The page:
Owners of traditional bed and breakfasts believe they are being unfairly targeted by Amsterdam’s tourist nuisance measures – saying there is little evidence that they are to blame.
At an annual general meeting of Amsterdam Gastvrij amateur hospitality association, chairman Maarten Bruinsma said that people are unlikely to welcome nuisance guests into their family homes.
‘The crowding that is 90% caused by hotels is being put on our plate,’ he said. ‘The red line in all of the rules is that they don’t cost a lot for the council. It costs a lot to go and buy out a hotel while they can just tell us: “You can’t do that any more.”’
The body, which primarily represents 2,700 traditional bed and breakfast lodges, claims that private hosts (including holiday rentals) represent a small proportion of tourist overnights. A 2019 report commissioned by Airbnb and conducted by SEO Amsterdam Economics, claimed ‘holiday rentals’ represented up to 7% of tourist nights.
However, in November city economics chief Sofyan Mbarki announced a series of measures to reduce tourist nuisance, including a ‘stay away’ campaign and ‘sharpening’ regulations around holiday rentals, while asking hotels to convert to homes.
Dutch statistics office the CBS reported that overnight tourism, including hotel stays, returned to near-2019 high levels last year. Meanwhile the director of Amsterdam & Partners city marketing body Geerte Udo said Airbnb-style holiday rentals have been ‘harmful‘ to Amsterdam.
But traditional bed and breakfast owners – who have a restricted number of licenses and can operate all year round if the owner is present – are concerned that their businesses will unfairly suffer from housing and tourism crackdowns.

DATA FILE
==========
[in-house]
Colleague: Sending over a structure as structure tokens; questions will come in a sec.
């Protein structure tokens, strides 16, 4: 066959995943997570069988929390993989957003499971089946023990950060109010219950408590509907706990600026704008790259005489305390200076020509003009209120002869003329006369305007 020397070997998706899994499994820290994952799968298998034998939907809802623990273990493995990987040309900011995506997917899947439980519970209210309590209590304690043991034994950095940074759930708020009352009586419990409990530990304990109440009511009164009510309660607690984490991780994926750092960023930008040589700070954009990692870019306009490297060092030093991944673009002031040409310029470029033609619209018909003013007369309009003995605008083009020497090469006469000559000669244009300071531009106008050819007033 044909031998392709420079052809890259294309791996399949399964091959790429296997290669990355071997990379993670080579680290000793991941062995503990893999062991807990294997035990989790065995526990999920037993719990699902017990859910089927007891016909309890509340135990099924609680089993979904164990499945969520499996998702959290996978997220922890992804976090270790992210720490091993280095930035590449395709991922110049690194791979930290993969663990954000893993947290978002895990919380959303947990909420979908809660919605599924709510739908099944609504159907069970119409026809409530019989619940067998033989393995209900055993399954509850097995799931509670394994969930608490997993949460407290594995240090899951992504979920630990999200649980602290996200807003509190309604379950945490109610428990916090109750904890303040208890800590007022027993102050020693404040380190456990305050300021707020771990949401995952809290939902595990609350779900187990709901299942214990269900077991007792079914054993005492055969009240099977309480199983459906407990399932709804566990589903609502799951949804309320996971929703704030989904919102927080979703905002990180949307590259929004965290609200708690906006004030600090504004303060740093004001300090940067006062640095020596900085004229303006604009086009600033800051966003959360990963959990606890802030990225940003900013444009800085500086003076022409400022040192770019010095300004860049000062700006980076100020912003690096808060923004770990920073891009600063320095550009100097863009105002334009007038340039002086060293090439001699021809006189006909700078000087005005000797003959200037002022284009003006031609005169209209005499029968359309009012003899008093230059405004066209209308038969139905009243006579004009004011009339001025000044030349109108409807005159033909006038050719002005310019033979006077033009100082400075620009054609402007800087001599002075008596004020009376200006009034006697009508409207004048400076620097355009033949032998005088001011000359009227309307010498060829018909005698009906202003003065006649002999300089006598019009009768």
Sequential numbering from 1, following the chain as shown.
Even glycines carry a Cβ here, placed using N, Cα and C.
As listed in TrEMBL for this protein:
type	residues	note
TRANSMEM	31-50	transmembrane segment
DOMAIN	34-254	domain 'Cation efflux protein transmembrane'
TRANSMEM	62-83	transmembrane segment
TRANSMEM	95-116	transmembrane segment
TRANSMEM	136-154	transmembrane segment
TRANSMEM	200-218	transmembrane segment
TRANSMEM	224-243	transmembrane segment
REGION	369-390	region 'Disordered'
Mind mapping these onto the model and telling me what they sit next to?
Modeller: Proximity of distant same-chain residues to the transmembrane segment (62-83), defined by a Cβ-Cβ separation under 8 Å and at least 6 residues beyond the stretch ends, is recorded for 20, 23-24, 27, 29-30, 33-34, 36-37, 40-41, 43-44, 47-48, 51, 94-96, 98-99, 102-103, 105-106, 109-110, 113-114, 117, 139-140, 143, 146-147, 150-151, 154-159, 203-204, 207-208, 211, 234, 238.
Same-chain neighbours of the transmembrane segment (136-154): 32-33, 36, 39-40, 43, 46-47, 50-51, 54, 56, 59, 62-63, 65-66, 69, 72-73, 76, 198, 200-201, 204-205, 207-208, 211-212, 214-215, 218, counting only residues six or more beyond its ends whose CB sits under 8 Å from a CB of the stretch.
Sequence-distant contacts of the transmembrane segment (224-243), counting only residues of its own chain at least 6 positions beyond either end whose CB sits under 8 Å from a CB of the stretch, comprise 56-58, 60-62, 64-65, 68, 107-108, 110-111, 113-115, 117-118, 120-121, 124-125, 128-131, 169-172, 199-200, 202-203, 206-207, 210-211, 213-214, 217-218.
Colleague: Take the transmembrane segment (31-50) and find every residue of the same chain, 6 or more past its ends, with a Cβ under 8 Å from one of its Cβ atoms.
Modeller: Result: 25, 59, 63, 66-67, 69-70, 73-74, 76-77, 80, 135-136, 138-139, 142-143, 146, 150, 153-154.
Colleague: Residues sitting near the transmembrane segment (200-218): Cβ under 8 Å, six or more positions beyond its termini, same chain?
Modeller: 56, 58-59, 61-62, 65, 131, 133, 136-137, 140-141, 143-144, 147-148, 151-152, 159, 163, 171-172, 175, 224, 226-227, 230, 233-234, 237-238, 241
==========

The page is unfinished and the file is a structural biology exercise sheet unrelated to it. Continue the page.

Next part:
‘There’s a ladder of escalation and we’re at the top, with more districts banned and more bed and breakfast quotas,’ said Bruinsma.
Stephen Hodes, a tourism expert and anti-nuisance campaigner, said that city regulations have not worked as intended. ‘A lot of rules have had a waterbed effect – you stop hotels, and the effect is more hotels in Hoofddorp, Haarlemmermeer and Zaandam. Everyone is sent to the borders of the city, and all the money comes to the other municipalities but the nuisance comes to Amsterdam. You don’t stay in Amstelveen and Hoofddorp!’
He said that plans to spread tourists to less beaten tracks were also doomed to failure. ‘The municipality has no idea how tourists think: they think their behaviour is rational but they are like cattle. A maximum of 10% go from the well-trodden paths. The municipality is chasing after minor policies, but the cause is Schiphol!’
He added that there was no evidence the traditional bed and breakfasts were a focus for nuisance guests. ‘You have control of what happens in your house and your guests aren’t the trouble guests, but they are coming after you hard,’ he said.
Bed and breakfast owners at the event pointed out that their guests ask them to recommend ‘local gems’ so they can guide people away from the usual tourist attractions, while they price their homes in order to avoid problem visitors.
Amsterdam Gastvrij also represents people who rent their homes out for a maximum of 30 nights while they are away, and has raised the issue of punitive fines for small administrative mistakes with holiday rental. Following advice from the Amsterdam ombudsman, the city has a new policy restricting first fines to €3,000, however the limit does not apply to all penalties and costly court battles are expected from February.
Dutch News has asked Amsterdam municipality for a response to the concerns.
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